Izakaya

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Akachōchin lantern outside an izakaya; the characters read "izakaya"
Izakaya in Higashi Kōenji

An izakaya (居酒屋?) is a type of Japanese drinking establishment which also serves food to accompany the drinks. They are casual places for after-work drinking.

Name[edit]

"Izakaya" entered the English language by 1987.[1] It is a compound word consisting of "i" (to stay) and "sakaya" (sake shop), indicating that izakaya originated from sake shops that allowed customers to sit on the premises to drink.[2] Izakaya are sometimes called akachōchin (red lantern) in daily conversation, because these paper lanterns are traditionally found in front of an izakaya.

Dining[edit]

Depending on the izakaya, customers sit on tatami mats and dine from low tables in the traditional Japanese style, or sit on chairs and drink/dine from tables. Many izakaya offer a choice of both, as well as seating by the bar.

Usually, you will be given an oshibori (wet towel) to clean your hands with; next an otōshi or tsukidashi (a tiny snack/an appetizer) will be served. This is local custom and usually charged onto the bill in lieu of an entry fee. Japanese people in Kantō region call it otōshi and Kansai people call it tsukidashi.

The menu may be on the table, or displayed on walls. Picture menus are common in larger izakaya. Food and drink are ordered throughout the course of the session as desired. They are brought to the table, and the bill is added up at the end of the session. Unlike other Japanese styles of eating, food items are usually shared by everyone at the table as in Spanish tapas.

Common formats for izakaya dining in Japan are known as nomi-hōdai ("all you can drink") and tabe-hōdai ("all you can eat"). For a set price per person, customers can continue ordering as much food and/or drink as they wish, with a usual time limit of two or three hours.

Izakaya dining can be intimidating to non-Japanese with the wide variety of menu items and the slow pace of the meal. Food is normally ordered slowly over several courses rather than all at once. The kitchen will serve the food when it's ready rather than in formal courses like Western restaurants. Typically a beer is ordered when sitting down before perusing the menu. Delicately flavored dishes such as sushi or edamame are ordered first, followed with progressively more robust flavors such as yakitori or kara-age, finishing the meal with a rice or noodle dish to fill up.[3]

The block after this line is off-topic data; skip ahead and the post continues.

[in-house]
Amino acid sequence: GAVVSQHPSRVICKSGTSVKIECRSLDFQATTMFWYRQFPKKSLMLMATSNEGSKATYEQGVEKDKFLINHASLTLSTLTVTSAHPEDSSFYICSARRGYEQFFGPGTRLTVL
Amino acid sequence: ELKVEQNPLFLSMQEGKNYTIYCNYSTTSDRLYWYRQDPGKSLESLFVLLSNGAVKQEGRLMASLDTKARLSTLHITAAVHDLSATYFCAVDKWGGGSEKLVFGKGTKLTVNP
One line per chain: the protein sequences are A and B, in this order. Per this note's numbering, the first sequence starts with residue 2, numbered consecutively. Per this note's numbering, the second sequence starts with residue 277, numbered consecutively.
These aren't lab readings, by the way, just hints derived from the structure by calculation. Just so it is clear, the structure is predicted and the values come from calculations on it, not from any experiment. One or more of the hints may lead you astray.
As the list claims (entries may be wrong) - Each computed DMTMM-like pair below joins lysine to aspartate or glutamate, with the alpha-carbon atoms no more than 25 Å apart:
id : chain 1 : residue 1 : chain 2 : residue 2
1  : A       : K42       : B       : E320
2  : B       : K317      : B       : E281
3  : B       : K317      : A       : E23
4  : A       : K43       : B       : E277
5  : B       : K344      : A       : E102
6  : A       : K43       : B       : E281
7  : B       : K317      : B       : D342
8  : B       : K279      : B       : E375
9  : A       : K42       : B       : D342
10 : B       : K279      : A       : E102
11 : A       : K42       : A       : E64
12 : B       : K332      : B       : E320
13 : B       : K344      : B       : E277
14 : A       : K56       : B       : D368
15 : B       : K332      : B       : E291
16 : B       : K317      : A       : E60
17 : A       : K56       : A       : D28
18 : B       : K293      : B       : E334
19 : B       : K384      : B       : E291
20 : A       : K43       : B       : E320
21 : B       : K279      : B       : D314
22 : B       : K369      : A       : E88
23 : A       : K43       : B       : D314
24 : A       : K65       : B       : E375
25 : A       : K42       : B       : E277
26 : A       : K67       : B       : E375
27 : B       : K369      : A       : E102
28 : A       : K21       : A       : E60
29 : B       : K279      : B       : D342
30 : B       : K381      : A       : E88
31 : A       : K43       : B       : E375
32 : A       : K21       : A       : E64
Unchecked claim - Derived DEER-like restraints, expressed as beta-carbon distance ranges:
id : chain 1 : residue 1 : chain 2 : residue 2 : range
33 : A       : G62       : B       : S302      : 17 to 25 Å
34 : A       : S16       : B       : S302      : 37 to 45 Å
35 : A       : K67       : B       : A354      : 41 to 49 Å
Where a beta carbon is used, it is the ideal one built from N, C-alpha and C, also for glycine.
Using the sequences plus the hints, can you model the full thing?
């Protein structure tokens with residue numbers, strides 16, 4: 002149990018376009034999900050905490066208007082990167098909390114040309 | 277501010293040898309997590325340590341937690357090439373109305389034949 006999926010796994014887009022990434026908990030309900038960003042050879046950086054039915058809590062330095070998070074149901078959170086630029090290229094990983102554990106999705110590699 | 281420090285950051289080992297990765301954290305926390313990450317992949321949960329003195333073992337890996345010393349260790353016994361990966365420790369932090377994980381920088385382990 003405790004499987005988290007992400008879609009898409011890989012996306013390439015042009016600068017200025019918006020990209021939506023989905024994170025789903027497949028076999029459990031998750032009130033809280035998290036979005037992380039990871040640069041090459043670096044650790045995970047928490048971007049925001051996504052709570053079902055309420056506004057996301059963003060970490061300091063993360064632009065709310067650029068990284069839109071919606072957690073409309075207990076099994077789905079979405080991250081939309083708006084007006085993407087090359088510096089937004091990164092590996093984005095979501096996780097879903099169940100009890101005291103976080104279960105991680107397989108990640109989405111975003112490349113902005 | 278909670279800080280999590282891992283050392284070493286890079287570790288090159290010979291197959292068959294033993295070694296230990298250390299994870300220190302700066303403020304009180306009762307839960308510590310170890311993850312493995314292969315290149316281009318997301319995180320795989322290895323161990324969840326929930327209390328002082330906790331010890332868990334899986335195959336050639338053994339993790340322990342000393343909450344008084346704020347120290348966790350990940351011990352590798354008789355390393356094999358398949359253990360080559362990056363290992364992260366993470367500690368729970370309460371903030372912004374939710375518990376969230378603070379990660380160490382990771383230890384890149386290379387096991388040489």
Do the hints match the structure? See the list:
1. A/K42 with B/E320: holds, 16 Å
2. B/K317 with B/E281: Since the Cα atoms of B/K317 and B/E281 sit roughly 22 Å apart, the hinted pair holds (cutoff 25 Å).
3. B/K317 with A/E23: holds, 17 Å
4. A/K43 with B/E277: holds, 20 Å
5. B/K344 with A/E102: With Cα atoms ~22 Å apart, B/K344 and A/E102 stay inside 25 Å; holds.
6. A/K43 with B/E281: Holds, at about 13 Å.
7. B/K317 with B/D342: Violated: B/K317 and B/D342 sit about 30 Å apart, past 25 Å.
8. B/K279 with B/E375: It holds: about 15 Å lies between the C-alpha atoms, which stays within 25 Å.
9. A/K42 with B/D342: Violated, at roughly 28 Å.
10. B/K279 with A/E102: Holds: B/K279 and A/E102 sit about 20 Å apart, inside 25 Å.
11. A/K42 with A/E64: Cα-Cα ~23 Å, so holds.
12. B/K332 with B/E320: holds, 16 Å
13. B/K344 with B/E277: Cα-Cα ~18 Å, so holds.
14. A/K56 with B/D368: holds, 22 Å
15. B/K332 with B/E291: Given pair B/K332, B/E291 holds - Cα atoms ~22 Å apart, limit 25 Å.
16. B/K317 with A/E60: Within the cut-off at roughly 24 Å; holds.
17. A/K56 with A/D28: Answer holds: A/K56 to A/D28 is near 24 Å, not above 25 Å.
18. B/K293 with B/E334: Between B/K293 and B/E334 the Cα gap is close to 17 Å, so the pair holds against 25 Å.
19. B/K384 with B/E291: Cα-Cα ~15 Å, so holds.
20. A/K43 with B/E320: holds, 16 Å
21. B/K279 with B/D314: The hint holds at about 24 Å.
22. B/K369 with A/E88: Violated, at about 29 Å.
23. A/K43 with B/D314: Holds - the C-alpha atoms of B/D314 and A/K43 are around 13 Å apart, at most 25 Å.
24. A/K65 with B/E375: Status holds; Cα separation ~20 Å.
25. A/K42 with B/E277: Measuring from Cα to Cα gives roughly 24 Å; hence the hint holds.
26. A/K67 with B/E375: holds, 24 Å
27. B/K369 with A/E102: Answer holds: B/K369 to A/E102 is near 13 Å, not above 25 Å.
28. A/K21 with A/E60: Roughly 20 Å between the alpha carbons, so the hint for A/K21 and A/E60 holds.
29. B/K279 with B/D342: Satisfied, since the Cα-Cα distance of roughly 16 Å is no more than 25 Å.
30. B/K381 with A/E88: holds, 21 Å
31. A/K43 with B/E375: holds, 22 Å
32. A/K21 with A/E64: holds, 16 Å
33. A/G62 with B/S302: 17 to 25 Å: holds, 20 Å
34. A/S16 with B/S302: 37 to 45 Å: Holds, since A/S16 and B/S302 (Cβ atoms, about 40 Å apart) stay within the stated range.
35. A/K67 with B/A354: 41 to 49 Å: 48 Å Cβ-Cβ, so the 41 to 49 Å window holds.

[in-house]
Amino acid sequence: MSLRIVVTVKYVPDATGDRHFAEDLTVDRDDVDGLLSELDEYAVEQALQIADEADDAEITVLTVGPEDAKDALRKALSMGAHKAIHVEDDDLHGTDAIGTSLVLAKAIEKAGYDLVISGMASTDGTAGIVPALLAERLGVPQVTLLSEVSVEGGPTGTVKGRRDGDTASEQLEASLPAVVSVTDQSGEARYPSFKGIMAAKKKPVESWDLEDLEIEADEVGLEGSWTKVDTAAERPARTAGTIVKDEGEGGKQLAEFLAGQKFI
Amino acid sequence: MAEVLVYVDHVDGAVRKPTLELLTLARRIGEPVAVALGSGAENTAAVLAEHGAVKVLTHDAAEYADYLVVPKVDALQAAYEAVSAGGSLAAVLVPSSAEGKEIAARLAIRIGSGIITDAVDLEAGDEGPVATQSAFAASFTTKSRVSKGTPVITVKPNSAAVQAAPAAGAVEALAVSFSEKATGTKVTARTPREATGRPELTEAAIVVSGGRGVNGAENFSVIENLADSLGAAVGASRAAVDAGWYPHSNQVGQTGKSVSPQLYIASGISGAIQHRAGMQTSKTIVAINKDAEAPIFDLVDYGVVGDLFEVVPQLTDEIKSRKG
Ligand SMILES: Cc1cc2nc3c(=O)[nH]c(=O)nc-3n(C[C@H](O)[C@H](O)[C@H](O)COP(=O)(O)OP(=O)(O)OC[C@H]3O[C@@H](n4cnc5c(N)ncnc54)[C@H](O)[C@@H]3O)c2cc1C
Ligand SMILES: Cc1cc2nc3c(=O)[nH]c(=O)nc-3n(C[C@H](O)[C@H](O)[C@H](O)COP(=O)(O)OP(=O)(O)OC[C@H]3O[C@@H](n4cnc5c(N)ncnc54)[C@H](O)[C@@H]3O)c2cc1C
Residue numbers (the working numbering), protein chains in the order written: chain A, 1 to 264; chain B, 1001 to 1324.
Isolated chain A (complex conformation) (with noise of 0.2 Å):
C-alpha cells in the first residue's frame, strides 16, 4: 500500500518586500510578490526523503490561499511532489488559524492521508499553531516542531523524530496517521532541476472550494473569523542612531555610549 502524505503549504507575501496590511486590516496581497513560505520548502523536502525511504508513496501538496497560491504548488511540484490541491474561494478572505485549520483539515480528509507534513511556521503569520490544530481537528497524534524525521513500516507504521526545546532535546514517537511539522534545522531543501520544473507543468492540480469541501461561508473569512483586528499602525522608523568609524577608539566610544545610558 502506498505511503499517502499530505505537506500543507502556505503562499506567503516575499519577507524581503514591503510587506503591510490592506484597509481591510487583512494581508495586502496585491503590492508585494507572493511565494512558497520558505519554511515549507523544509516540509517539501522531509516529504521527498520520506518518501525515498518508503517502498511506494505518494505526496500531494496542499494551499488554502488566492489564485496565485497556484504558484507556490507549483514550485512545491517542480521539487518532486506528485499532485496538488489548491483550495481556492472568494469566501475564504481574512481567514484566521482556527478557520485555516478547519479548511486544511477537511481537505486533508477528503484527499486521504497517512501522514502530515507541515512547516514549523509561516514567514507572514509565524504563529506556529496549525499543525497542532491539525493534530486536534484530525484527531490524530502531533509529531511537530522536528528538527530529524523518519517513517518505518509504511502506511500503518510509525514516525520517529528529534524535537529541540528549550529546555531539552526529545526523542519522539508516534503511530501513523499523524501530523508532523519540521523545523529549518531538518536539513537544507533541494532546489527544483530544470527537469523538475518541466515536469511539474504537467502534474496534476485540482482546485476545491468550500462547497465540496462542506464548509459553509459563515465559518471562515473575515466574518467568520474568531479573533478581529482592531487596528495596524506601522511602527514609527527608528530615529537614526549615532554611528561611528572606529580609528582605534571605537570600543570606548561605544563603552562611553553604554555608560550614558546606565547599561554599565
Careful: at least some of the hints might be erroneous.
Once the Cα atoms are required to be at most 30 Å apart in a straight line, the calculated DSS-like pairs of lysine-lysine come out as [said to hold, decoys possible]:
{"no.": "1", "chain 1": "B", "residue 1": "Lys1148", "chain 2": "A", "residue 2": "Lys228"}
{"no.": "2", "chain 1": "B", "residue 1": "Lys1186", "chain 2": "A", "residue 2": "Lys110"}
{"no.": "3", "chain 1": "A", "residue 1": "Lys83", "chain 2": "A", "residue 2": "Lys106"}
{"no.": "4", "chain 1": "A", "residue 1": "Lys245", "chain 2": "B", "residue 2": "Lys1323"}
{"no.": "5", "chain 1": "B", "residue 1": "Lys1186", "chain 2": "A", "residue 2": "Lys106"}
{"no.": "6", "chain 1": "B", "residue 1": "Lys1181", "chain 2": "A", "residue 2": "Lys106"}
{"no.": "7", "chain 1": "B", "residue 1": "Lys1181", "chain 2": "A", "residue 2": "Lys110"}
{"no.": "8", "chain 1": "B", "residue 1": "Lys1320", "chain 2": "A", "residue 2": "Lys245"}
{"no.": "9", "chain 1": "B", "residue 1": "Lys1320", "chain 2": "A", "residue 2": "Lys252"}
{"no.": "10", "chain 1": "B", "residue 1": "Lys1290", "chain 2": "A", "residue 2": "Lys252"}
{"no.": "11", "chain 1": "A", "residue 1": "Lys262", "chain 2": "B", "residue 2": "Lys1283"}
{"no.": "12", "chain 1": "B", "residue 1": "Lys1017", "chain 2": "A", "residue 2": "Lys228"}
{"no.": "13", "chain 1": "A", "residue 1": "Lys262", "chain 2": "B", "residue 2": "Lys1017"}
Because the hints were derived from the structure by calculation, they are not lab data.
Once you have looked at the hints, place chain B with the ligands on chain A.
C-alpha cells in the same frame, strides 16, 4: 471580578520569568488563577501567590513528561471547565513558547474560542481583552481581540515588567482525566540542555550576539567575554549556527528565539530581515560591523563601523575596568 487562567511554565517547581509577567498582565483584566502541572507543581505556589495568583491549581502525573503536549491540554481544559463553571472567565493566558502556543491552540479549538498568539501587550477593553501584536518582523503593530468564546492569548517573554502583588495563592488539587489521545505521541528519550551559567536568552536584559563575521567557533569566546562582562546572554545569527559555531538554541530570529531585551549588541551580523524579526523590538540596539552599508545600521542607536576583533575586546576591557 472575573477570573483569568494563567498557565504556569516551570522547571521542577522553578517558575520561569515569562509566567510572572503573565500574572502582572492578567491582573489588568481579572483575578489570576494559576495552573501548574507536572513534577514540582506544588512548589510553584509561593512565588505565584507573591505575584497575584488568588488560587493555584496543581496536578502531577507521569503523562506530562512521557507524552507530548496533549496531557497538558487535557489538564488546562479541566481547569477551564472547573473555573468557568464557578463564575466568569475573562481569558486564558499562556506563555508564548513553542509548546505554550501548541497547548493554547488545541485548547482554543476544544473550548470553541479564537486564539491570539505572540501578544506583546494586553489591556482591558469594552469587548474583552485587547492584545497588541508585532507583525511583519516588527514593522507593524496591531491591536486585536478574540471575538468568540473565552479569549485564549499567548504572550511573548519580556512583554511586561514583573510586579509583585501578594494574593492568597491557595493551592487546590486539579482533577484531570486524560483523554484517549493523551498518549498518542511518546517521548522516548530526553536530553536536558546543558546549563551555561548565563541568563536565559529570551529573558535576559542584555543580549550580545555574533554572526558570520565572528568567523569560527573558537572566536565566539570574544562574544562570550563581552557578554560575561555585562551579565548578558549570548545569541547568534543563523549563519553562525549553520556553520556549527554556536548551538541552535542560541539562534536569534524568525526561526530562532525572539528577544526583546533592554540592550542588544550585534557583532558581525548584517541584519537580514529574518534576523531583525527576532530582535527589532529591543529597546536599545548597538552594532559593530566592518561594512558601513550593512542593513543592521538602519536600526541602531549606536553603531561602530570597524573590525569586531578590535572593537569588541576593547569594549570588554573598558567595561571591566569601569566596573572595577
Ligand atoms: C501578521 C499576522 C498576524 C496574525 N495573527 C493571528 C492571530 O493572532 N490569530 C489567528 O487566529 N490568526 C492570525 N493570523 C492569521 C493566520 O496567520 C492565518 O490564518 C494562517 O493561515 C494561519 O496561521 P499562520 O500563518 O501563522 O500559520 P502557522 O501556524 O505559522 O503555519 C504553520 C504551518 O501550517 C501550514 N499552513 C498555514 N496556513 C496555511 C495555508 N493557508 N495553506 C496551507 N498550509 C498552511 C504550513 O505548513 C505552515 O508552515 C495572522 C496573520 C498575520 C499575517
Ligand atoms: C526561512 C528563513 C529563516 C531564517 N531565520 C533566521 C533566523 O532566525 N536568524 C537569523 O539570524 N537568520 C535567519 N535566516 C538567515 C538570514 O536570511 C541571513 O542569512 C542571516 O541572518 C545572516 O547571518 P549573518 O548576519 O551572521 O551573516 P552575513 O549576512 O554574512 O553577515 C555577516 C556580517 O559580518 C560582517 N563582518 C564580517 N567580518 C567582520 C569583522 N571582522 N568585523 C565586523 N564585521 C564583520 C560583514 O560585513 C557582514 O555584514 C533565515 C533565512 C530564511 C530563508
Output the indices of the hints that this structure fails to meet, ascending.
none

Typical menu items[edit]

Sample of an izakaya style menu

There are a wide variety of izakaya offering all sorts of dishes, but items almost always available in any izakaya are as follows:[citation needed]

Alcoholic drinks[edit]

Food[edit]

Izakaya food is usually more substantial than tapas or mezze. Many items are designed to be shared.

Rice dishes such as ochazuke and noodle dishes such as yakisoba are sometimes eaten at the end to round off a drinking session. (For the most part, the Japanese do not eat rice or noodles (shushoku - "staple food") at the same time as they drink alcohol, since sake, brewed from rice, traditionally takes the place of rice in a meal.)

Types[edit]

Izakaya were traditionally down-to-earth places where men drank sake and beer after work; this trend is complemented by a growing population of independent women and students. Many izakaya today cater to a more diverse clientele by offering cocktails and wines as well as improving the interior.

See also[edit]

References[edit]

  1. ^ "Does English still borrow words from other languages?". BBC News Online. 3 February 2014. Retrieved 2014-02-05. "Some examples that the Oxford English Dictionary suggests entered English during the past 30 years include tarka dal, a creamy Indian lentil dish (1984, from Hindi), quinzhee, a type of snow shelter (1984, from Slave or another language of the Pacific Coast of North America), popiah, a type of Singaporean or Malaysian spring roll (1986, from Malay), izakaya, a type of Japanese bar serving food (1987), affogato, an Italian dessert made of ice cream and coffee (1992)." 
  2. ^ * Hiroshi Kondō (1984). Saké: a drinker's guide. p. 112. ISBN 978-0-87011-653-7. "Literally translated, the word izakaya means a "sit-down sake shop."" 
  3. ^ http://kampai.us/izakayas/how-to-izakaya

Further reading[edit]